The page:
- Jun 3, 2019
- Reaction score
Raf Bungay (known locally as Flixton) is a former Royal Air Force station.
Bungay airfield was originally planned as a satellite for nearby RAF Hardwick and was constructed by Kirk & Kirk Ltd., during 1942 with a main runway of 6,000 feet in length and two intersecting secondary runways, one of 4,220 feet and the other of 4,200 feet. In common with other airfields of the period, the technical, administrative and domestic buildings were dispersed to lessen the impact of any enemy air attack. The buildings were all of a temporary nature and the various sites were chiefly to the west of the airfield
The airfield was allocated to the Americans and transferred to the United States Army Air Forces Eighth Air Force and designated Station 125.
USAAF Station Units assigned to RAF Bungay were numerous.
Bungay was still unfinished when the Twelfth Air Force 428th Bombardment Squadron, 310th Bombardment Group (Medium) at RAF Hardwick arrived with fourteen North American B-25 Mitchell medium bombers in October 1942. The squadron moved on to Médiouna Airfield, French Morocco on 18 November 1942. A 12th Air Force film clip indicates that the 310th Bombardment Group was the first 12th Air Force group to fly the northern transport route from the United States to Europe and initially arrived at Prestwick, Scotland in October 1942.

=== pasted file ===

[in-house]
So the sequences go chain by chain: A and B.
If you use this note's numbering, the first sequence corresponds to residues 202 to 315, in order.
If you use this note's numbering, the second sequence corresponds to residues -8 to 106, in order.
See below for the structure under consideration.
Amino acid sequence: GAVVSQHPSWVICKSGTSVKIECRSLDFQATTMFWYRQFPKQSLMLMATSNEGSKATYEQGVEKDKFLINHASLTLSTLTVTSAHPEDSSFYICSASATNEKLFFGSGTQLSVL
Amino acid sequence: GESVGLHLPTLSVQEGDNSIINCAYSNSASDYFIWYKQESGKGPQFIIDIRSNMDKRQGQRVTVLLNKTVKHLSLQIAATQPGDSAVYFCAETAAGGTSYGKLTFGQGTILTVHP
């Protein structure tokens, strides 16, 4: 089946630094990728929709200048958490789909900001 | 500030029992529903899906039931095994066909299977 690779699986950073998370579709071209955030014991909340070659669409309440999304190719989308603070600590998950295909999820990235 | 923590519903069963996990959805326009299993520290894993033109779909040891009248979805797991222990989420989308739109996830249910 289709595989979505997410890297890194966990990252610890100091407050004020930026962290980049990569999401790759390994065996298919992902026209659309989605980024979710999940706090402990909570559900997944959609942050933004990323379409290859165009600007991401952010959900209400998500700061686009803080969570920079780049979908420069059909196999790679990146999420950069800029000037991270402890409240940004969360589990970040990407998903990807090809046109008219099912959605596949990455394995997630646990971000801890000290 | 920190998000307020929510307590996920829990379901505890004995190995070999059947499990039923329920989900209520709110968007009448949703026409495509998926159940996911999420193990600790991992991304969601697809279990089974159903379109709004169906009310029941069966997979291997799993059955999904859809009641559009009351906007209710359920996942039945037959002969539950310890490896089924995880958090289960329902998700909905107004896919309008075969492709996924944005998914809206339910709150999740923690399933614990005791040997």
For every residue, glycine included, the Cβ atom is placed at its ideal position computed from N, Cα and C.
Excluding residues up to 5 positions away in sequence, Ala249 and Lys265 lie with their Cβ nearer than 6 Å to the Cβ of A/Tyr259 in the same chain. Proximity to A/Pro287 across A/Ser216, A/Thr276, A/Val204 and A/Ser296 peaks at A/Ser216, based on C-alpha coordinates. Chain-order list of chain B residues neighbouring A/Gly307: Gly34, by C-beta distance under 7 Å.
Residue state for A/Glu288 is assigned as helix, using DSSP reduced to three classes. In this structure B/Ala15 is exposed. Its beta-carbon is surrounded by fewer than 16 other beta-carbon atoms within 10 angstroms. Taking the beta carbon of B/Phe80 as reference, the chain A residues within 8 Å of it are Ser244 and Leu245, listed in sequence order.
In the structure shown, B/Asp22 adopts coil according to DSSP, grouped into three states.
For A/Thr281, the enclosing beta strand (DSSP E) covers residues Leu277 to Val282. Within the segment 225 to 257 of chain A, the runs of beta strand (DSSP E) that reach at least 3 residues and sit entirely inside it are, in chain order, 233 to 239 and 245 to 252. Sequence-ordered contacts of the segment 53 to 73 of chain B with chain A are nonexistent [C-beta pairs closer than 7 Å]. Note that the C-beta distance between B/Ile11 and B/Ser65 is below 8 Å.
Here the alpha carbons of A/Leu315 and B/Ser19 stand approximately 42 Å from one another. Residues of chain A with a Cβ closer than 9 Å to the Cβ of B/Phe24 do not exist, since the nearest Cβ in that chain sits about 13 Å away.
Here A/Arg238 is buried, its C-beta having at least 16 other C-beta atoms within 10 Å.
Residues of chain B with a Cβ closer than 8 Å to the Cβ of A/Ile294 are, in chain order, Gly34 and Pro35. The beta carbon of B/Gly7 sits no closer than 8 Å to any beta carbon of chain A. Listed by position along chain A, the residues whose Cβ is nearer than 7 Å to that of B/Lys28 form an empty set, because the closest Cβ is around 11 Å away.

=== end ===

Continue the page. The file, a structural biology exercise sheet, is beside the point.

In December 1942, eight Consolidated B-24 Liberators of the 329th Bombardment Squadron, 93d Bombardment Group (Heavy) at RAF Hardwick were sent to Bungay to prepare for special intruder operations. These aircraft conducted raids in bad weather with the mission of harassing the German air raid warning system. The 329th flew these missions until March 1943 when they rejoined the 93d at Hardwick.
A bomber crew, led by Lieutenant Grant, of the 706th Bomb Squadron, 446th Bomb Group with their B-24J-155-CO Liberator (RT-H, serial number 44-40268) nicknamed "Kentucky Belle".
A B-24J-95-CO Liberator ("Lil' Max", JU-M, serial number 42-100347) of the 707th Bomb Squadron, 446th Bomb Group dropping bombs on Gotha, Germany from 17,000 ft, 20 February 1944.
Additional construction was performed at Bungay until November 1943 when the airfield received the Eighth Air Force 446th Bombardment Group (Heavy) from Lowry AAF, Colorado. The 446th was assigned to the 20th Combat Bombardment Wing and the group tail code was a "Circle-H". Its operational squadrons were:
Thanks to @Mikeymutt for the heads up on this place, its like a lot of former airfields with 2 outstanding differences.
1 - There is some superb original wall markings, only half of which I got to see.
2 - you can drive round the whole site for some super lazy urbex ;-)
& finally when u find a pair of flippers on an explore it would be rude not to!
Thanks For looking